- The Washington Times - Wednesday, January 8, 2003

A flood of refugees from North Korea in recent years has allowed the intelligence services of China and South Korea for the first time to piece together a reliable profile of life in the closed communist state.

The picture that emerges is one of an impoverished, destitute, ferociously monitored totalitarian state, which lacks even the electrical power to light up apartments of its showcase capital city, Pyongyang, at night.

"If there is any society on earth bereft of hope today, North Korea is probably it," one senior East Asian intelligence source said.

The famine that swept North Korea since the mid-1990s, and its dire effects, are still shaking the reclusive, mountainous land of 25 million people.

According to senior East Asian intelligence sources, nearly 350,000 people have succeeded in fleeing North Korea since the death of the nation's founder and ruler for nearly half a century, Kim Il-sung, in 1994.

According to North Korea's own secret but official figures, at least 2 million people out of a population then at 27 million almost half that of the state of California died in the famine, the intelligence sources said.

But they cautioned that the North Korean state was in such a condition of decay that these figures could not be regarded as reliable.

Some 100,000 refugees made it to South Korea, including a handful of top-level defectors from the North's communist leadership.

At least another 250,000 of a million North Koreans remain hidden in Northeast China, where they live in conditions of extreme privation, uncertainty and destitution.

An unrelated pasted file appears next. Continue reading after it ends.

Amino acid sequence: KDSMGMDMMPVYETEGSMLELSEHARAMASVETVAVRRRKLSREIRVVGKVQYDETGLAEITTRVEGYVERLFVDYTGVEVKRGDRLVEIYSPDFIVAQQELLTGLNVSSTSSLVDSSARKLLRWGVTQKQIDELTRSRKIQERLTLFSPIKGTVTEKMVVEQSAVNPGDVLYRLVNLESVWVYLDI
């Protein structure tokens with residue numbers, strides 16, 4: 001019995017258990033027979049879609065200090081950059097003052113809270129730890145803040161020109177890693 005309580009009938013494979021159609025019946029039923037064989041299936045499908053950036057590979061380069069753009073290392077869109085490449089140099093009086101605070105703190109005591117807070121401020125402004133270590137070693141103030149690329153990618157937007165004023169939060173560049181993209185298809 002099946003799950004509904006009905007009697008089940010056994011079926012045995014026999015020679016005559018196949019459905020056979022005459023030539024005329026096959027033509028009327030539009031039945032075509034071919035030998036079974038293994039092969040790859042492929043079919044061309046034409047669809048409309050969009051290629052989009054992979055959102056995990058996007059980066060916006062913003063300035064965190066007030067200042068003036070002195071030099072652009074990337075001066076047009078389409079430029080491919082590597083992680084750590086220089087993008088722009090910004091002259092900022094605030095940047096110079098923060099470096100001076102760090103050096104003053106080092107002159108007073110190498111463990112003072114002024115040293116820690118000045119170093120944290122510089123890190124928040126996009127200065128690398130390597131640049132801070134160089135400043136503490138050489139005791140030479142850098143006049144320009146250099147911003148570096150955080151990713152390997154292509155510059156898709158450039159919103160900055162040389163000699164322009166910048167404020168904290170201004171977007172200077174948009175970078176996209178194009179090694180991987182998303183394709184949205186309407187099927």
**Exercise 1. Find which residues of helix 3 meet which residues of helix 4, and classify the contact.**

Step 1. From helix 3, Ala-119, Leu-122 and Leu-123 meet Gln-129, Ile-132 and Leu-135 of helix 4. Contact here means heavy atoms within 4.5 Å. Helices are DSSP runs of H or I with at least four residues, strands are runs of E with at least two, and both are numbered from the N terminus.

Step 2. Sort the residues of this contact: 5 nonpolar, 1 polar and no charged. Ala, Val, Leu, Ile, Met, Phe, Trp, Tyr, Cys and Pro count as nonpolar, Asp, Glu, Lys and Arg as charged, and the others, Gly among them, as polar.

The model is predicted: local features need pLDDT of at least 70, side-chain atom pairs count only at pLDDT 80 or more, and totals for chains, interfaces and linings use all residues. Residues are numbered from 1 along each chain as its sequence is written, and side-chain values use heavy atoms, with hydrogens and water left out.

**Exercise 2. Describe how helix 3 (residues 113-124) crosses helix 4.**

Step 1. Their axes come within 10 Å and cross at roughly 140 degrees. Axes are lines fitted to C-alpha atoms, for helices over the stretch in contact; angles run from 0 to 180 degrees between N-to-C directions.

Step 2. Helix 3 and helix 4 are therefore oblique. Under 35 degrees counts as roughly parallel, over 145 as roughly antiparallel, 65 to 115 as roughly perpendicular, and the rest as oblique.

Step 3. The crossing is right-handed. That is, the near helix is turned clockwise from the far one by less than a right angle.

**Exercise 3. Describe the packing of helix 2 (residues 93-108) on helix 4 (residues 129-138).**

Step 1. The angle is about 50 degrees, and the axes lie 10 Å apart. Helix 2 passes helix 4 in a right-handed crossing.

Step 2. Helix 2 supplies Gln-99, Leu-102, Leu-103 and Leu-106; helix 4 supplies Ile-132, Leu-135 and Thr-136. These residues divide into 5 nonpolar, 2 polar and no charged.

Child labor and prostitution are common in the area.

Because of China's own growing vast unemployment problem, the Beijing government lacks the control and the resources to bring the problem under control.

Therefore, China is reduced to simply trying to prevent more refugees from crossing the border and sending back those it catches.

So horrendous were the conditions they fled in North Korea that even this miserable existence in China is preferable to staying in their homeland.

The worst of the famine is over, at least for the moment, but life inside North Korea remains a grim, hand-to-mouth existence with conditions once again getting slowly and steadily worse.

What's more, the decay is clear to North Korea's ruling elite.

In order to provide a modicum of pay and morale, the Pyongyang government is attempting to carry out ambitious public works projects.

In one instance, an enormous 14-lane highway is being built between Pyongyang and a regional center.

But the old road it is going to replace has little more than a trickle of oxcart traffic, one East Asian intelligence source said.

Work on the highway in question was being carried out by thousands of laborers, without bulldozers or other heavy earth-moving or rock-breaking machinery.

Still, there appears to be no direct or foreseeable threat to the ruling communist regime of leader Kim Jong-il, who inherited power on his father's death in the communist world's first dynastic succession.

Ordinary people in the North, South Korean analysts believe, are too exhausted and demoralized by the struggle for existence to think of any protest, and in any case have hardly known anything different all their lives.

North Korea was a harshly ruled Japanese colony for decades before 1945, when the communist regime was established with strong support by the Soviet Union.

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